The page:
• Abstract: The June 29 parliamentary elections in Kuwait achieved international media coverage because women were allowed to stand for office and vote for the first time in the sheikhdom. Less well reported were the local political divisions that had brought about elections a year earlier than expected. The results of the balloting—in which, incidentally, none of the women candidates won office—worsened the divisions between the Kuwaiti government and the National Assembly and could lead to greater public disagreement about the character of the country's alliance with the United States.
  • Topic: Democratization, Development, Politics
  • Political Geography: United States, Middle East, Kuwait
  • Author: David Schenker
  • Publication Date: 05-2006
  • Content Type: Policy Brief
  • Institution: The Washington Institute for Near East Policy
  • Abstract: On May 7, Lebanese Druze leader and member of parliament Walid Jumblat told reporters in Cairo that Hizballah should disarm. These comments came just four days after Jumblat offered his assistance to the Syrian opposition in establishing "a democratic and free Syria." Jumblat has always been an enigmatic and unpredictable interlocutor, and his recent statements on Syria and Hizballah typify his disregard for the conventions of the Lebanese political establishment. While many Lebanese may quietly support Jumblat's truth telling, his statements are sure to increase his list of powerful enemies.
  • Topic: Conflict Resolution, Democratization, Government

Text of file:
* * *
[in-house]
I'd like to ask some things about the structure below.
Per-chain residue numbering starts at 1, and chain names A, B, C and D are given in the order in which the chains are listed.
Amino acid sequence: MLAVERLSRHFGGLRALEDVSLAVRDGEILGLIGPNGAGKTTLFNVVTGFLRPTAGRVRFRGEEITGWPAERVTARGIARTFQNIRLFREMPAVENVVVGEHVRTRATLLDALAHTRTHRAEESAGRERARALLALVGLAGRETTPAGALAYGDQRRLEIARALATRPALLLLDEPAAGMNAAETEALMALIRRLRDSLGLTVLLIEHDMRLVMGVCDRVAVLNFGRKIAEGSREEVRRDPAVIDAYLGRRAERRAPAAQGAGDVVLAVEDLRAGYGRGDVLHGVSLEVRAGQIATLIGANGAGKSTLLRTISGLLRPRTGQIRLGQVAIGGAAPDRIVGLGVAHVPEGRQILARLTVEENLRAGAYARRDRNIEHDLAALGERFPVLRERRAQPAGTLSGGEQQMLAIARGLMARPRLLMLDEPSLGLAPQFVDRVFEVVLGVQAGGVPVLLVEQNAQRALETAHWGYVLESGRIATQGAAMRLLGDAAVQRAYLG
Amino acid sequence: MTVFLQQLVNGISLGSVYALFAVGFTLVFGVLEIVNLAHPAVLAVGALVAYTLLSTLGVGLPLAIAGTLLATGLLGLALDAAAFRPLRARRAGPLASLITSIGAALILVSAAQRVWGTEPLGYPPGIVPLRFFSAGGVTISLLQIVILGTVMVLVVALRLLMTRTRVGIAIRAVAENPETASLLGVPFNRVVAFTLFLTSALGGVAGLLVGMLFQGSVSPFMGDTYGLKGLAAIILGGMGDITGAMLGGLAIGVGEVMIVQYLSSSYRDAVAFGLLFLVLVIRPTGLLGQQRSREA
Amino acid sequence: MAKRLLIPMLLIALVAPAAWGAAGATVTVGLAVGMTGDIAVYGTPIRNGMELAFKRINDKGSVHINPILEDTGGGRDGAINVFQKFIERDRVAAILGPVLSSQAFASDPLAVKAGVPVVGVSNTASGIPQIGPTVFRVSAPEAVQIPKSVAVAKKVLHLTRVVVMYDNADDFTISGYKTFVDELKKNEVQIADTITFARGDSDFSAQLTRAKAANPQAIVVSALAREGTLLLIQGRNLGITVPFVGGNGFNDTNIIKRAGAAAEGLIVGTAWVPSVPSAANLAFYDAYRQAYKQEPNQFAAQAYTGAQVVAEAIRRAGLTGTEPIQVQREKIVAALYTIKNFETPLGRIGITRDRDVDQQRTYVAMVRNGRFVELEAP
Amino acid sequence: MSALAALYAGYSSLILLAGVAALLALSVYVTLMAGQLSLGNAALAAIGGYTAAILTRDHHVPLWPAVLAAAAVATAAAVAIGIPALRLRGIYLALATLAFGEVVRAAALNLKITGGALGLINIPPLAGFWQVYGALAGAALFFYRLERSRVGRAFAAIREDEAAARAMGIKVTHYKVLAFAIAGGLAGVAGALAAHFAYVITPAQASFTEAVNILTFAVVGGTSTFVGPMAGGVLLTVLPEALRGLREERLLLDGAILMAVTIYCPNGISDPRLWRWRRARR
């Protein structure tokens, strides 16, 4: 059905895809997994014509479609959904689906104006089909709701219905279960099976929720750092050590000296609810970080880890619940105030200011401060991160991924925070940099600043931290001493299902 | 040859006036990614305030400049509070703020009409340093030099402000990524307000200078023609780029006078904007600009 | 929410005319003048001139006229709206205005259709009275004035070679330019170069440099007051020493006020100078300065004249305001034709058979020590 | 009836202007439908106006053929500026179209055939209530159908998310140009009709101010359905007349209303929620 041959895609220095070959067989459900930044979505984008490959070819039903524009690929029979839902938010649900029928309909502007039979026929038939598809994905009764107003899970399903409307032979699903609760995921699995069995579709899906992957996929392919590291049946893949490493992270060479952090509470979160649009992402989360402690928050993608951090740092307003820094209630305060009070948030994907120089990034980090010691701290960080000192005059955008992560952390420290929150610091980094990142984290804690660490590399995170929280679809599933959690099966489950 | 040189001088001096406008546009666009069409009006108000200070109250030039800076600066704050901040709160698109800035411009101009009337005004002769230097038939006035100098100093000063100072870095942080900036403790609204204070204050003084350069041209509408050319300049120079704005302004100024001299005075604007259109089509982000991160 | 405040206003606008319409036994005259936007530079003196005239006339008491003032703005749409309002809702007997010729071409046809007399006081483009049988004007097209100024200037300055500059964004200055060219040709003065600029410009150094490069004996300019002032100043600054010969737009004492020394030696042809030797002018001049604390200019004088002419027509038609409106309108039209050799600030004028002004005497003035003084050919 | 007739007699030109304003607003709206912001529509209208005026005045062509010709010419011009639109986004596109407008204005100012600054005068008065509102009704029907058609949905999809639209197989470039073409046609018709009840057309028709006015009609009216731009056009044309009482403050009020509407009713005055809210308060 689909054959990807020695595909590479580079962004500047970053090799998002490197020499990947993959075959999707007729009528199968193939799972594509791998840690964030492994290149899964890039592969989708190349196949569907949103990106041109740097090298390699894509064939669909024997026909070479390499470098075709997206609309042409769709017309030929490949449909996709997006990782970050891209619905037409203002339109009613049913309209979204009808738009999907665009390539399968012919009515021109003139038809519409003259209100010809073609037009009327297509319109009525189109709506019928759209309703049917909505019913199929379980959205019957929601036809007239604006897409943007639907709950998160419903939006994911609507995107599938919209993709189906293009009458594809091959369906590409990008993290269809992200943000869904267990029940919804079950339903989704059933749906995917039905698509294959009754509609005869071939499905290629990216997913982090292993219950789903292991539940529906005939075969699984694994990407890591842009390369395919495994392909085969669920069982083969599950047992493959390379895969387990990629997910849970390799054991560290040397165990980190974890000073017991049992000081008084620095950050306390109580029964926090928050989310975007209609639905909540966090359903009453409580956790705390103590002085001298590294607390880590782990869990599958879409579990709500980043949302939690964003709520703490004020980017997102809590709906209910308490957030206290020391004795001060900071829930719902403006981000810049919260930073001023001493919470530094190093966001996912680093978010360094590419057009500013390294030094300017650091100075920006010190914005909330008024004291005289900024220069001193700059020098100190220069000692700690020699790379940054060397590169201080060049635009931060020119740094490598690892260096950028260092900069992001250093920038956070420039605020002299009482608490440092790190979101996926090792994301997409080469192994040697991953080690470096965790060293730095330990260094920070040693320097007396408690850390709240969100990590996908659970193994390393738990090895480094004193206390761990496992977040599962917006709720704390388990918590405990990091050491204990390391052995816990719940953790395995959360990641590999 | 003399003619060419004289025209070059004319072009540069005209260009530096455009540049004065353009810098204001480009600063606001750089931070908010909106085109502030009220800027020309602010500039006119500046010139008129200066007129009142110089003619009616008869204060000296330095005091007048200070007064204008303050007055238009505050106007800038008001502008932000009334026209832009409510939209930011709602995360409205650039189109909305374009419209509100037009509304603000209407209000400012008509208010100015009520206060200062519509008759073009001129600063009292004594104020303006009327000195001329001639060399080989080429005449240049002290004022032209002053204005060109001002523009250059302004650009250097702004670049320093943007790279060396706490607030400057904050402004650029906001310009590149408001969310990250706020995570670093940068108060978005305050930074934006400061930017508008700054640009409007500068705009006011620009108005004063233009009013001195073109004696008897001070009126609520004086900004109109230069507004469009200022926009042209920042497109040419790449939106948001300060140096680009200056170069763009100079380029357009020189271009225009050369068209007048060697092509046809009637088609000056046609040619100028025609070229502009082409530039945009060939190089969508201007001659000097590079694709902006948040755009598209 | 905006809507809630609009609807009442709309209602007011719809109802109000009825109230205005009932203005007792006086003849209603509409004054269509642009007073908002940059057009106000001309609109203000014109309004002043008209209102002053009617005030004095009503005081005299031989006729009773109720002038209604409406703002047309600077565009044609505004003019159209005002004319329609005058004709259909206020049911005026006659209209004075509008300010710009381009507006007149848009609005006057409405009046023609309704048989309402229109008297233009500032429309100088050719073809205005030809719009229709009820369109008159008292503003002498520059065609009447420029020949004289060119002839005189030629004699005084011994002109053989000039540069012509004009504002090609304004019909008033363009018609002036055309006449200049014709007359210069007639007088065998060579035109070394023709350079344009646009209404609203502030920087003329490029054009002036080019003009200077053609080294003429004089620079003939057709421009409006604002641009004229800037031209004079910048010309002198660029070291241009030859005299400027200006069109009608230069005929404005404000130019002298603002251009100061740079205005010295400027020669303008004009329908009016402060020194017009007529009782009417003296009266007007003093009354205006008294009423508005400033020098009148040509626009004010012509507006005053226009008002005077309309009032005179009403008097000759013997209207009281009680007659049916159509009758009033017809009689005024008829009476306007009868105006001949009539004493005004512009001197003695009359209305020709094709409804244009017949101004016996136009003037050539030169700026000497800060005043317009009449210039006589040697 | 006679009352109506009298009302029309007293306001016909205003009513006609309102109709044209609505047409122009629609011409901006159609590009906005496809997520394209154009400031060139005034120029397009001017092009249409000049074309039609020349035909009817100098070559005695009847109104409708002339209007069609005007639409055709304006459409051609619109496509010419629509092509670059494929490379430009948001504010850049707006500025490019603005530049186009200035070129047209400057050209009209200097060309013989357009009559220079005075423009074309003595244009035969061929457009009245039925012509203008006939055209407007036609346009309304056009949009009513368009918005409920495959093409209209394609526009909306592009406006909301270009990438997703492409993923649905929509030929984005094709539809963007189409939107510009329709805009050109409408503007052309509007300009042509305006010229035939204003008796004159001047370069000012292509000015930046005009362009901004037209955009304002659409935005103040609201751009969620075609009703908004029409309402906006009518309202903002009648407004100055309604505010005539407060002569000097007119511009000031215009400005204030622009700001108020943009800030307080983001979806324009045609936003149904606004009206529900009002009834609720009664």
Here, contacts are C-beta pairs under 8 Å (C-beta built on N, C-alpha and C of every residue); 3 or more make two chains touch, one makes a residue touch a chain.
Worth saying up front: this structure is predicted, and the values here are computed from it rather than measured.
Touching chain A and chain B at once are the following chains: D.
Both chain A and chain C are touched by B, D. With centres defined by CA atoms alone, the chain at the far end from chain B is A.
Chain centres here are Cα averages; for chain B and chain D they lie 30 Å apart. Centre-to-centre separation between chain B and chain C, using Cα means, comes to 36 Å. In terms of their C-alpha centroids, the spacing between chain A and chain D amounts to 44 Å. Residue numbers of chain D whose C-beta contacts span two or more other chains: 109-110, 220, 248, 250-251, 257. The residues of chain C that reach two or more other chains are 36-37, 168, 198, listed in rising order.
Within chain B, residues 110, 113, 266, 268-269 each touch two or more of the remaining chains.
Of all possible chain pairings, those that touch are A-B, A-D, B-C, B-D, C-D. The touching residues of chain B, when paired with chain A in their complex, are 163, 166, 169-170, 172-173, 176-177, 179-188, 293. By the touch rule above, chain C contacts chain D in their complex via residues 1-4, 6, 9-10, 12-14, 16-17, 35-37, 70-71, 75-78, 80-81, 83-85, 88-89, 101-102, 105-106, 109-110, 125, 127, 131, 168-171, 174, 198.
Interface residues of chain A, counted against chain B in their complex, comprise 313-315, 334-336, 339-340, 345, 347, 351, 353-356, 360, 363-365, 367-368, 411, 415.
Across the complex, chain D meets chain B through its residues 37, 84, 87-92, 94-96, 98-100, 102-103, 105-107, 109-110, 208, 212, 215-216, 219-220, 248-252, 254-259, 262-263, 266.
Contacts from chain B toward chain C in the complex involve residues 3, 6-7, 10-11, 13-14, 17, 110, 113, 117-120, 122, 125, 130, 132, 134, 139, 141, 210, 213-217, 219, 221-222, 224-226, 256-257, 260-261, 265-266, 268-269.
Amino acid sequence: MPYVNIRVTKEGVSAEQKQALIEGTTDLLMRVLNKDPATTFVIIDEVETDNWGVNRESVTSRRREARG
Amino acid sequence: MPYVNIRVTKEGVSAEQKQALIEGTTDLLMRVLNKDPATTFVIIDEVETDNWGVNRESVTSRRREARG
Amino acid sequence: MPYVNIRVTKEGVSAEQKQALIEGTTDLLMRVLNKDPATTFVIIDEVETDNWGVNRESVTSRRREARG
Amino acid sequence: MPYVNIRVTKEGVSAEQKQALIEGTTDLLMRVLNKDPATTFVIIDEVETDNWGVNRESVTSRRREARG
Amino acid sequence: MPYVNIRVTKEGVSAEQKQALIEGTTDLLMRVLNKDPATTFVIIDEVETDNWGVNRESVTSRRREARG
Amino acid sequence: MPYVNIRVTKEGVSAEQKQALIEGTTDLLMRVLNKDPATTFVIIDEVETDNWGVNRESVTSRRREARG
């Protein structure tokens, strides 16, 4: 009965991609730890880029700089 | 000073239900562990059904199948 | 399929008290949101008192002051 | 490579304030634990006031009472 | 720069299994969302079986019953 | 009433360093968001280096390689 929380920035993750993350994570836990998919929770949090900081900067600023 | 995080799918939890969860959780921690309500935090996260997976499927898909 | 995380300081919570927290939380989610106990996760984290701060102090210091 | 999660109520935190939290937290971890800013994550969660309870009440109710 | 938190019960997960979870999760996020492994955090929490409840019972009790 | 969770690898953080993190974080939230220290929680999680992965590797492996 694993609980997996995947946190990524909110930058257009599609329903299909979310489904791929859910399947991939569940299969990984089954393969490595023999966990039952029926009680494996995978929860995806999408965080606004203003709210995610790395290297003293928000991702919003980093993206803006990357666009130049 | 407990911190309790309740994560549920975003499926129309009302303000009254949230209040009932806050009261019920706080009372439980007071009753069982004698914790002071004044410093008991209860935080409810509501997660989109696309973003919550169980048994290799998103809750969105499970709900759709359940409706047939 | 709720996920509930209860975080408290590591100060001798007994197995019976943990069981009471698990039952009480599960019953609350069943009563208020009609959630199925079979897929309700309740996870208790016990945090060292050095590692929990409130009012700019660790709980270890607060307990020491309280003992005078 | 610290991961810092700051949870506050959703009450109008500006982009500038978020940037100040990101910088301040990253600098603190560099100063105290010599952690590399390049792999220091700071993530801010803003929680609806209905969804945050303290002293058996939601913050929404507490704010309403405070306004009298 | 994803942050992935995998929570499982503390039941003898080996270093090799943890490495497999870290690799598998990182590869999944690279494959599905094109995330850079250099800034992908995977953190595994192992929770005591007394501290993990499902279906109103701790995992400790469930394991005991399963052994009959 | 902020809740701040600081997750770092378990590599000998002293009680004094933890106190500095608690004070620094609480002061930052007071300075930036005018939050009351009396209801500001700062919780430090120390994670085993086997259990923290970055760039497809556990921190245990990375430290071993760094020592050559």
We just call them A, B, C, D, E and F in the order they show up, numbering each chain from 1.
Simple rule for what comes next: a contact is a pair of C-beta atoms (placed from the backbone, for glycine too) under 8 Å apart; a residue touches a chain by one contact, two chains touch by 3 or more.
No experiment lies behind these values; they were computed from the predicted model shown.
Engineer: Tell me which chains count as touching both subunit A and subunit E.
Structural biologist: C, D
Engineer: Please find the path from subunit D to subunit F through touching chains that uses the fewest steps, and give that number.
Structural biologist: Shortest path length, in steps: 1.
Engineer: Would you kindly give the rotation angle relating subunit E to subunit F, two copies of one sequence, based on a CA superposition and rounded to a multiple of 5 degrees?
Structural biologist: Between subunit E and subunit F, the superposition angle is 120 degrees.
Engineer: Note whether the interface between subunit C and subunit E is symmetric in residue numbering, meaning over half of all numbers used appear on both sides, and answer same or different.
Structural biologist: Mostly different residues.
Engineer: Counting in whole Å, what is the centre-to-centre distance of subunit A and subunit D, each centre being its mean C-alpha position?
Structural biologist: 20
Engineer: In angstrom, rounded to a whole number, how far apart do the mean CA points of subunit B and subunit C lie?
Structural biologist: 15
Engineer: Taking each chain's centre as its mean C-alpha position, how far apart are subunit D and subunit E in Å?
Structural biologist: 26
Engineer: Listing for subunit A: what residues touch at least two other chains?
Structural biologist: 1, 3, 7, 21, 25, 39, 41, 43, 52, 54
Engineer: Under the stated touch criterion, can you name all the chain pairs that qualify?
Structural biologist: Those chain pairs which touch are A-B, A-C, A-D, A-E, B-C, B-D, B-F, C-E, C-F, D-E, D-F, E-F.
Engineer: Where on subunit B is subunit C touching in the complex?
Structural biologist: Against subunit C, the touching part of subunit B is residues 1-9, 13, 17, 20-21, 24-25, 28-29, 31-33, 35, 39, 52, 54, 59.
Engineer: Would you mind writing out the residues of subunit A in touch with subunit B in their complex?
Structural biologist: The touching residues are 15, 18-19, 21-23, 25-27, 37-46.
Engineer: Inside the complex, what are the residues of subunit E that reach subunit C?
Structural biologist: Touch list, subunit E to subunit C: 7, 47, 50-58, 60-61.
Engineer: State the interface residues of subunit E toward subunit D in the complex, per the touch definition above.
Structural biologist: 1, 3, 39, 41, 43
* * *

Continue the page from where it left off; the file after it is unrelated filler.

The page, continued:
• Political Geography: Middle East, Syria
  • Author: Simon Henderson
  • Publication Date: 01-2006
  • Content Type: Policy Brief
  • Institution: The Washington Institute for Near East Policy
  • Abstract: At a time when attention is focused on the problems democracy has brought in one part of the Middle East, such as the Palestinian territories, it has been easy to overlook how democratic processes were key to resolving a crisis in another Middle Eastern country: Kuwait. The January 15 death of Kuwait's emir, or ruler, Sheikh Jaber brought to power the physically and mentally incapacitated Sheikh Saad al-Abdullah al-Sabah. But the crisis engendered by his ill health and his refusal to abdicate was resolved quickly through democratic processes. On January 24, the parliament of the oil-rich Persian Gulf state of Kuwait exercised a previously unused constitutional power and voted to oust Sheikh Saad. The new emir, Sheikh Sabah al-Ahmed al-Sabah, is expected to be confirmed by parliament on January 29, and is now under pressure from some members of parliament to choose a prime minister from outside the ranks of the ruling al-Sabah family.
  • Topic: Democratization, Development, Government
  • Political Geography: Middle East, Kuwait
  • Author: Eunice Youmans
  • Publication Date: 11-2005
  • Content Type: Policy Brief
  • Institution: The Washington Institute for Near East Policy
  • Abstract: On November 11, Bahrain will welcome government officials and civil society groups to the second meeting of the Forum for the Future. The forum was founded at the 2004 G-8 summit at Sea Island, Georgia, as the centerpiece of the Broader Middle East and North Africa Initiative to promote change in the region. Political reform tops the forum's 2005 agenda with two-thirds of the conference sessions set to address political reform, human rights, women's empowerment, and the rule of law. The agenda, U.S. deputy assistant secretary of state for Near East affairs Scott Carpenter says, reflects the Bahraini government's willingness to discuss sensitive issues of reform, and U.S. secretary of state Condoleezza Rice will address the conference.
  • Topic: Democratization, Government
  • Political Geography: Africa, Middle East, Georgia, North Africa
  • Author: Khairi Abaza
  • Publication Date: 11-2005
  • Content Type: Policy Brief
  • Institution: The Washington Institute for Near East Policy